Supporting New Educators’ Well-Being Beyond the Teacher Education Program: New Teacher Needs and Perceived Support

Document Type


Publication Date

Fall 2023

Publication Title

Journal of Maine Education



In Maine the number of teachers who quit prior to reaching retirement age increased in 2022 (Wolfe, 2022). Current national trends estimate that as many as 44% of all new teachers leave the profession within five years (Cineas, 2022). Some suggest these numbers are quite high; others argue they are on target. Podolsky, et al. (2016) suggest that teachers who feel a perceived lack of support are more than twice as likely to quit than those who receive mentoring and other help. Support for new teachers typically consists of assigned mentors (with differing levels of fidelity within these programs), school site and district wide professional development, and a variety of informal, “inspirational” activities designed to improve morale or work culture within a school. Each of these are often viewed as surface level and inauthentic; many teachers might view them as an additional demand on their time.

Unfortunately, few of the typical programs implemented to bolster teacher well-being in the workplace do so in a codified, systematic manner. Teacher well-being has gained importance over the past decades as educators and researchers have attempted to understand why teachers leave the field and how to prevent this phenomenon. Early research tended to emphasize negative constructs such as stress, negative emotions, exhaustion and burnout. More recently, research has changed the focus to positive emotions, engagement, and job satisfaction (Collie et. al., 2015). Today, teacher well-being is broadly understood as, “teachers’ responses to the cognitive, emotional, health and social conditions pertaining to their work and their profession” (Viac & Fraser, 2020, p. 18).

One can intuit that a new teacher whose professional well- being is nurtured and cultivated, who feels good about their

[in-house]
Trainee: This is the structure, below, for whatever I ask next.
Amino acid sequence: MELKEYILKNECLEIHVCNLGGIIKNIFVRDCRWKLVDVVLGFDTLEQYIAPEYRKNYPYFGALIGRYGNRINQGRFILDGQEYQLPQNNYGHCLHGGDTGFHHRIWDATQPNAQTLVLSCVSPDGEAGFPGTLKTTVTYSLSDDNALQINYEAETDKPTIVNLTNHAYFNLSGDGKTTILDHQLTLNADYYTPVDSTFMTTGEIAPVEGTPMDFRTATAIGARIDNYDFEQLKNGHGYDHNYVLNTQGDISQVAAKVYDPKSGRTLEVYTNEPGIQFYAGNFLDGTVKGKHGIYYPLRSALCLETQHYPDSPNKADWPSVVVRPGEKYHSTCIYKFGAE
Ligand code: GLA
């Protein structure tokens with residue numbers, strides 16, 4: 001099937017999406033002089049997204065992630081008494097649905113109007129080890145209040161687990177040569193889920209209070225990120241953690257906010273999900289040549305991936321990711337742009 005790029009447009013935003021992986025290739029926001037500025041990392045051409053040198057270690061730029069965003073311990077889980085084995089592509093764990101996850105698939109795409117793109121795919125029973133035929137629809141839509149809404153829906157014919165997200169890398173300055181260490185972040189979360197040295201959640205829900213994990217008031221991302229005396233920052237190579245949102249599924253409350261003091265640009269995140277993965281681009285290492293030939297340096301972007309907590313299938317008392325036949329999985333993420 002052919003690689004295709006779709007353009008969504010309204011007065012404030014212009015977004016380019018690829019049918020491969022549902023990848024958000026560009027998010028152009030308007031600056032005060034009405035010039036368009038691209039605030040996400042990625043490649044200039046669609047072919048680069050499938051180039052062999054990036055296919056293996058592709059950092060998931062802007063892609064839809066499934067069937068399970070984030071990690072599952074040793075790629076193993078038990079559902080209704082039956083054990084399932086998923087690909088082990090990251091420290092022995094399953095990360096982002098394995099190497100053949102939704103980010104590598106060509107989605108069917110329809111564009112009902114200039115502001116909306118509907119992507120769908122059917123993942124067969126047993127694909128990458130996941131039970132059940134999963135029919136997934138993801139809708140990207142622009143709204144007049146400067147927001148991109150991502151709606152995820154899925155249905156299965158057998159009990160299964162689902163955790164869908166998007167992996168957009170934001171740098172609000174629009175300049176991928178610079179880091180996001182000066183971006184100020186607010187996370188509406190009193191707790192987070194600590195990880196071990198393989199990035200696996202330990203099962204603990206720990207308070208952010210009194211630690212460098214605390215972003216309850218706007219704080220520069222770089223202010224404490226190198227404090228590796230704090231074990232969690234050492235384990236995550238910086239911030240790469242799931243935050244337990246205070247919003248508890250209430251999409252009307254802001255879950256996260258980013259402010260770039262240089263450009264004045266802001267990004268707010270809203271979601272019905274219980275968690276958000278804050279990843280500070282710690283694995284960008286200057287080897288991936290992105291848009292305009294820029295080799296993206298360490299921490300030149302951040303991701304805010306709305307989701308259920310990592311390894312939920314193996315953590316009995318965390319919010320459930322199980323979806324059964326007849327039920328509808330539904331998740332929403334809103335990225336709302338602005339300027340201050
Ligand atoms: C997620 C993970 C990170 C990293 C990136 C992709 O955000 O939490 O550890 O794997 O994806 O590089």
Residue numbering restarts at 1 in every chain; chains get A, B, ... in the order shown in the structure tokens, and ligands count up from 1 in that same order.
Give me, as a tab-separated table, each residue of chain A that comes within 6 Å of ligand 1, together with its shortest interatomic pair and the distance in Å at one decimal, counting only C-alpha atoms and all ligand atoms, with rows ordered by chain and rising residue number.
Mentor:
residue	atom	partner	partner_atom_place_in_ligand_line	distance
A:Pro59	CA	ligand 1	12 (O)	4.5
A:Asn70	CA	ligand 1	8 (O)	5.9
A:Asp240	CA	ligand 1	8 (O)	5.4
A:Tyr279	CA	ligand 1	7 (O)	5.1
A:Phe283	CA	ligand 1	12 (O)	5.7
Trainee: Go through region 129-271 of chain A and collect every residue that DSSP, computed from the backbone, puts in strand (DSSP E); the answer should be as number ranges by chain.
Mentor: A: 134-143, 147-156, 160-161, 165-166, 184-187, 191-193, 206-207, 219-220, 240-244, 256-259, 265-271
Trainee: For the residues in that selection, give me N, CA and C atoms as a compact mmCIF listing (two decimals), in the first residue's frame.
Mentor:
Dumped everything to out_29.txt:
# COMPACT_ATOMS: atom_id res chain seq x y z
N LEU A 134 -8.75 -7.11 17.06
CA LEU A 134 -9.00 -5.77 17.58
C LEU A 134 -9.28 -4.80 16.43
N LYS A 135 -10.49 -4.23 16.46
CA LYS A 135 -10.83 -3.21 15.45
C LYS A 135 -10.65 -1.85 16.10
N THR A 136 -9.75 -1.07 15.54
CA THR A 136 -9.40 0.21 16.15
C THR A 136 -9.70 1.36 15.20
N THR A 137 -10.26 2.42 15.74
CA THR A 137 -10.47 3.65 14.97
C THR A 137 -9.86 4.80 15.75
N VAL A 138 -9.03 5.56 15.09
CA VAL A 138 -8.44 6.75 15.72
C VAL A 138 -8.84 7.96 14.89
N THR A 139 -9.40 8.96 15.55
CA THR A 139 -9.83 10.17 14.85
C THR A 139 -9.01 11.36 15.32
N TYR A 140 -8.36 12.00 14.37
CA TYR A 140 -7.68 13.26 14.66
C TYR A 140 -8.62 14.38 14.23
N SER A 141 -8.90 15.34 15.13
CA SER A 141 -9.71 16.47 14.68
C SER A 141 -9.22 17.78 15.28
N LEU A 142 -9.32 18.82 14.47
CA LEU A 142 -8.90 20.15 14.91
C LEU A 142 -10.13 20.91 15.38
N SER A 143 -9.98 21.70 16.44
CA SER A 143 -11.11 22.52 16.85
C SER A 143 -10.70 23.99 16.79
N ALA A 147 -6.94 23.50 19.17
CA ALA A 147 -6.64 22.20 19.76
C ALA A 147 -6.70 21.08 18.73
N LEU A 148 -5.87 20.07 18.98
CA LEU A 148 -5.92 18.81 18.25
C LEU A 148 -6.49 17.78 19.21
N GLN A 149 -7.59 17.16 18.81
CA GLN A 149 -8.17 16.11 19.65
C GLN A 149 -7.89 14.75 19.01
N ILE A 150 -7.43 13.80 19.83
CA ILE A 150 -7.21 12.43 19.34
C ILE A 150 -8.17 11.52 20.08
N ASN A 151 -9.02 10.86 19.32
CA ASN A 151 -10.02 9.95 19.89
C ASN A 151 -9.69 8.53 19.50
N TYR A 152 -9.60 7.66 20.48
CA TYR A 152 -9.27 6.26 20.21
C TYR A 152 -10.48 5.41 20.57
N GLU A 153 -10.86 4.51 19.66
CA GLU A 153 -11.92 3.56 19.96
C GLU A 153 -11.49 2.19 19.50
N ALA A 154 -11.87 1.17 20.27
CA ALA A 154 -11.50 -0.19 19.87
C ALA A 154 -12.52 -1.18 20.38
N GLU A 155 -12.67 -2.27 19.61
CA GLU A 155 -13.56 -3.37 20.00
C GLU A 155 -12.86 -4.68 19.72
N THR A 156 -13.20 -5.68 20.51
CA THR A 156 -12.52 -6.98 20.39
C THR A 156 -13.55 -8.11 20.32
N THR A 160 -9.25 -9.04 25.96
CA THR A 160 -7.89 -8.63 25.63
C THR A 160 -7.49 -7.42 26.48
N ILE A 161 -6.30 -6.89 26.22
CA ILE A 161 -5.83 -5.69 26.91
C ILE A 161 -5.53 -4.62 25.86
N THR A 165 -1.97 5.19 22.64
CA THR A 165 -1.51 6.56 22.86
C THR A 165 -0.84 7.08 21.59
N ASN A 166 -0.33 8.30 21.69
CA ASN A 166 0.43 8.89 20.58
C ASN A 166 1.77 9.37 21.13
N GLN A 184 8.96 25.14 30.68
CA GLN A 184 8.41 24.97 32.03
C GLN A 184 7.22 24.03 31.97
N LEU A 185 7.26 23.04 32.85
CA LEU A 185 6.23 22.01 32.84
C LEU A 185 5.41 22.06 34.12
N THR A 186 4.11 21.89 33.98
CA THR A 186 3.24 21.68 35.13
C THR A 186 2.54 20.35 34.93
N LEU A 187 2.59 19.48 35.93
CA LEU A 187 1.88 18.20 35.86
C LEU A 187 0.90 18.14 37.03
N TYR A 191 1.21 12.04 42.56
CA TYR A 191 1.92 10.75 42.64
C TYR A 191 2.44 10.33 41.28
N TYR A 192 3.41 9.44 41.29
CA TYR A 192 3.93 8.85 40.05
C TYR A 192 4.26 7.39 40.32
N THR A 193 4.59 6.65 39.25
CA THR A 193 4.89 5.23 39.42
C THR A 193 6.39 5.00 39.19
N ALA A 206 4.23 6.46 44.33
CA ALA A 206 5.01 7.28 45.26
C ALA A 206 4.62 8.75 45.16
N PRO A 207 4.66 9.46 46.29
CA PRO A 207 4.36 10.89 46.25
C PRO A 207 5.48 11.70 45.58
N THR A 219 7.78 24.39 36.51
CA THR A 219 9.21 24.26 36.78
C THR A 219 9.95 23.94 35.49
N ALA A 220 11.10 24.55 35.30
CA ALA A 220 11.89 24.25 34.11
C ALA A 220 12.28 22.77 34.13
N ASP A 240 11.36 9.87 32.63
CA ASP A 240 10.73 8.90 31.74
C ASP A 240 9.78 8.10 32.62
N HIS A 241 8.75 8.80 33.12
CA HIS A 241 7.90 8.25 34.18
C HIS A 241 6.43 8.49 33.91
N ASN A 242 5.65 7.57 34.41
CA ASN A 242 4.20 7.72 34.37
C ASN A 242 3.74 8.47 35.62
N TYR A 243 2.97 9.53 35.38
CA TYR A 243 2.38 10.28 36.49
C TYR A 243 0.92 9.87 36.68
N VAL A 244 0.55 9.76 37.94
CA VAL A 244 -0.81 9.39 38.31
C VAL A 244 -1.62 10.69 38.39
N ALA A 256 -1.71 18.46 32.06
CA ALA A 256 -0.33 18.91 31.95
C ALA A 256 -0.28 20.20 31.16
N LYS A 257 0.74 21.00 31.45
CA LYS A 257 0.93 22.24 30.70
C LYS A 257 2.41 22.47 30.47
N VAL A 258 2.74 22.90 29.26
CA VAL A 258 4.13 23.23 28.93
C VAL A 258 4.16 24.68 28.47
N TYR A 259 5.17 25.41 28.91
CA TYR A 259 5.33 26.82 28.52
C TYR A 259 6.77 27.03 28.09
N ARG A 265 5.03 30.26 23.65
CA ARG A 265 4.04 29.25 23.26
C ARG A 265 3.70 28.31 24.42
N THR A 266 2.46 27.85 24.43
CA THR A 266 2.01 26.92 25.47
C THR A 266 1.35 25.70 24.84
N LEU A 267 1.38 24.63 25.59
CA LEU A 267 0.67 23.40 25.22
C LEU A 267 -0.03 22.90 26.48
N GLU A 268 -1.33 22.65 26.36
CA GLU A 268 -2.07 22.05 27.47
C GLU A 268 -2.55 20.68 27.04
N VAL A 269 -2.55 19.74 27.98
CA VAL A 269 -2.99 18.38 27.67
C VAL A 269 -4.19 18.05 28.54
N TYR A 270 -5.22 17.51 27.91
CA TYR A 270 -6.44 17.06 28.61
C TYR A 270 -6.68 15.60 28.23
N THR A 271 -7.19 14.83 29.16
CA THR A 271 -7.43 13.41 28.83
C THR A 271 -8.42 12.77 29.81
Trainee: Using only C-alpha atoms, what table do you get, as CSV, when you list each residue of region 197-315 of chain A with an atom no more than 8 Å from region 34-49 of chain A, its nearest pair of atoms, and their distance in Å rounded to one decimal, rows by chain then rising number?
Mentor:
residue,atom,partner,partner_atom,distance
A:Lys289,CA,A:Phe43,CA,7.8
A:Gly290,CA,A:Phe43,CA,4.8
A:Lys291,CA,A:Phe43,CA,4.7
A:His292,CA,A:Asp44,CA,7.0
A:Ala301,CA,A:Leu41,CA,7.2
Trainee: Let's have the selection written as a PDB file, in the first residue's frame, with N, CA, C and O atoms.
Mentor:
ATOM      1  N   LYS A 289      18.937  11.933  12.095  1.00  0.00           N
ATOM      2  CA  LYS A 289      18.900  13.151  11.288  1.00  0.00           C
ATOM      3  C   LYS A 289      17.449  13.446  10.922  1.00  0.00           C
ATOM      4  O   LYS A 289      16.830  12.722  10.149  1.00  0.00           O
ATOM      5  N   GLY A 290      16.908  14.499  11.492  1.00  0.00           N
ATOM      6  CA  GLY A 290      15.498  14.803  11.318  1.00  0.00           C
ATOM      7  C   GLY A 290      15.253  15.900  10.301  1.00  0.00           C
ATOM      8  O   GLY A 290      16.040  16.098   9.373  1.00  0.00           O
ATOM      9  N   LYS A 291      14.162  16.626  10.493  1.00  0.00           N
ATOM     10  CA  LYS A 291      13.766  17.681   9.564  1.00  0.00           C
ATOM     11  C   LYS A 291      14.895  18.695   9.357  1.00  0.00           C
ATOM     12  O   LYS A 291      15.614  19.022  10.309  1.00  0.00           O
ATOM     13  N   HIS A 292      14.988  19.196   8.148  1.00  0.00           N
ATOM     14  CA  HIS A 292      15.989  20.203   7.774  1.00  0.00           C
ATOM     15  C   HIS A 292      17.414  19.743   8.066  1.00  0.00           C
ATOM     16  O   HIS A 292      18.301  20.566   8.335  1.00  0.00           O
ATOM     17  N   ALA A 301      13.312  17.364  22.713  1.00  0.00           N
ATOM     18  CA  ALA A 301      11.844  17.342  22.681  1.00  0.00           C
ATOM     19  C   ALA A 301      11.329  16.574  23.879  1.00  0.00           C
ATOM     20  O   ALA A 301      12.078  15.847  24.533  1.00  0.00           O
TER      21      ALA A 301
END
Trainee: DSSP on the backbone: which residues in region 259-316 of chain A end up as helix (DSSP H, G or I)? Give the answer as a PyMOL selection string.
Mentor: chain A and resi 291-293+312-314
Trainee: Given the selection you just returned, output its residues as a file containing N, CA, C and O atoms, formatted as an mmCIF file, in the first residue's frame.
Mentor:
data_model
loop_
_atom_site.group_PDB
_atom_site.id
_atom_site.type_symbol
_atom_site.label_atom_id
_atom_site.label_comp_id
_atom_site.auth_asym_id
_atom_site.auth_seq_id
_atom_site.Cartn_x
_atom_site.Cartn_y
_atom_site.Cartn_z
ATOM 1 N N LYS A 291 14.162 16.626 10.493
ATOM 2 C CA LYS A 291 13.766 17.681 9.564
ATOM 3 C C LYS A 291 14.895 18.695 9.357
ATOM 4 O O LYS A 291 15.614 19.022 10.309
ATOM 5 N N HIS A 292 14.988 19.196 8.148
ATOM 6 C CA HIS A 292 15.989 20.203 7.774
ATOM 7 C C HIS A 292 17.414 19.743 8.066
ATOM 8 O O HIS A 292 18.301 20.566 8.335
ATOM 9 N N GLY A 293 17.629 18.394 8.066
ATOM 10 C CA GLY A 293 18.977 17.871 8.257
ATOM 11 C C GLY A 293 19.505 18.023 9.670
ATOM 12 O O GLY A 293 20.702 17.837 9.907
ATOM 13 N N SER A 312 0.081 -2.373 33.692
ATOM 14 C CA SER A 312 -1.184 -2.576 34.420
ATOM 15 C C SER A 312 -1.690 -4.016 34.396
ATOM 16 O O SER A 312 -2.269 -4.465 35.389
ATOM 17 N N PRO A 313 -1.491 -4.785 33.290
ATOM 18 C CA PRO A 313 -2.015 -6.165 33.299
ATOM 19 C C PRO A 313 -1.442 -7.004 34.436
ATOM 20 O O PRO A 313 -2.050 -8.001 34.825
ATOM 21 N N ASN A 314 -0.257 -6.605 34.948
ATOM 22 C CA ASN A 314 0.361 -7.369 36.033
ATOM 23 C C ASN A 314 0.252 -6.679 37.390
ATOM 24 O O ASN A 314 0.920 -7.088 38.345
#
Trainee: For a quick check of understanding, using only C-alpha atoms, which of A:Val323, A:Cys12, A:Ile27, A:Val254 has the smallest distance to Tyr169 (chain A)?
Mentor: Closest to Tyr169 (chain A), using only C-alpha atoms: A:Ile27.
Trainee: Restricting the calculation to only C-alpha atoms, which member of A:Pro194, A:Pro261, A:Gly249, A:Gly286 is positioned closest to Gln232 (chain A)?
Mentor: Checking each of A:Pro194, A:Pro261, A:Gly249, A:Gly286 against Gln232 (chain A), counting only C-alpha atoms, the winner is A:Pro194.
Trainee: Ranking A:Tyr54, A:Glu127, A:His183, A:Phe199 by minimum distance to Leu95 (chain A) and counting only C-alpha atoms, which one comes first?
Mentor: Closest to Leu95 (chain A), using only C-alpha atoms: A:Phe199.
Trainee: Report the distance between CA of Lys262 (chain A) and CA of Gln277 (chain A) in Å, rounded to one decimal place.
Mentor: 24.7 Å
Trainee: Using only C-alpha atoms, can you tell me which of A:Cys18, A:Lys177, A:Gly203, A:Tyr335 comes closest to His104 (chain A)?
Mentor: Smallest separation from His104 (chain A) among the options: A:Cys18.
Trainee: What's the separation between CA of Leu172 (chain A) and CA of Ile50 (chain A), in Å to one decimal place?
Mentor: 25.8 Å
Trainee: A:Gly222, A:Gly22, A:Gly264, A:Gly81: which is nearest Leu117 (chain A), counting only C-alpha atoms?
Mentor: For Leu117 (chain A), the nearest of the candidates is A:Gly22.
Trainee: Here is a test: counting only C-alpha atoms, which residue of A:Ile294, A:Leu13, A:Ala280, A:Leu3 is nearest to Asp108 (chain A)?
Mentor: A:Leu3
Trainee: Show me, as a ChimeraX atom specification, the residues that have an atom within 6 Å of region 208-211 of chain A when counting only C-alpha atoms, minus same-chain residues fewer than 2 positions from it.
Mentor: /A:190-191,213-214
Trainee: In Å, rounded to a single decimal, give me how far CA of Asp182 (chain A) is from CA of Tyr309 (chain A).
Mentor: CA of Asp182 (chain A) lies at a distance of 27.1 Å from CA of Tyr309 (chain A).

work, is managing stress in effective ways, and perhaps most importantly, feels like they are good at their job, would not only be more likely to stay in the profession long term, but would also be a better educator of children (Carroll et al., 2021). Simply defining and understanding teacher well-being isn’t enough to provide interventions that effectively support new teachers as they develop. What does support for teacher well-being look like in the context of schools? This is where the research falls short and serves only to complicate rather than clarify the issue. Hasher and Waber (2021) performed a systematic review of the research on teacher well-being covering the years from 2000-2019. Common across the research was that social relationships play a pivotal role in teacher well-being. Unfortunately, social relationships are very contextual, and it can be difficult to create a system of social support within a school setting when we consider differing personalities and levels of preferred interaction from one teacher to the next. When considering the whole educator, the voices, needs, and perceived support of new teachers is of paramount importance for the future of the profession. Therefore, the purpose of this preliminary investigation was to explore, within the context of schools, the varied support that new teachers feel they are receiving for their professional well- being, from their own experiences and in their own voices.

The snapshots that follow do not point to any single method or strategy that would work for each of the typologies. It is likely that any teacher well-being support system would need to be just that, a system. These efforts cannot be a top-down, mandatory, patchwork of random workshops, professional seminars, and the like. Rather, they need to be based on the needs of new teachers as expressed in their own words. The following snapshots provide a glimpse into the experiences of five early-career teachers in their first 1-5 years in Maine classrooms. Each teacher describes what has worked for them in their school, and what they believe can help other new teachers joining the profession to thrive.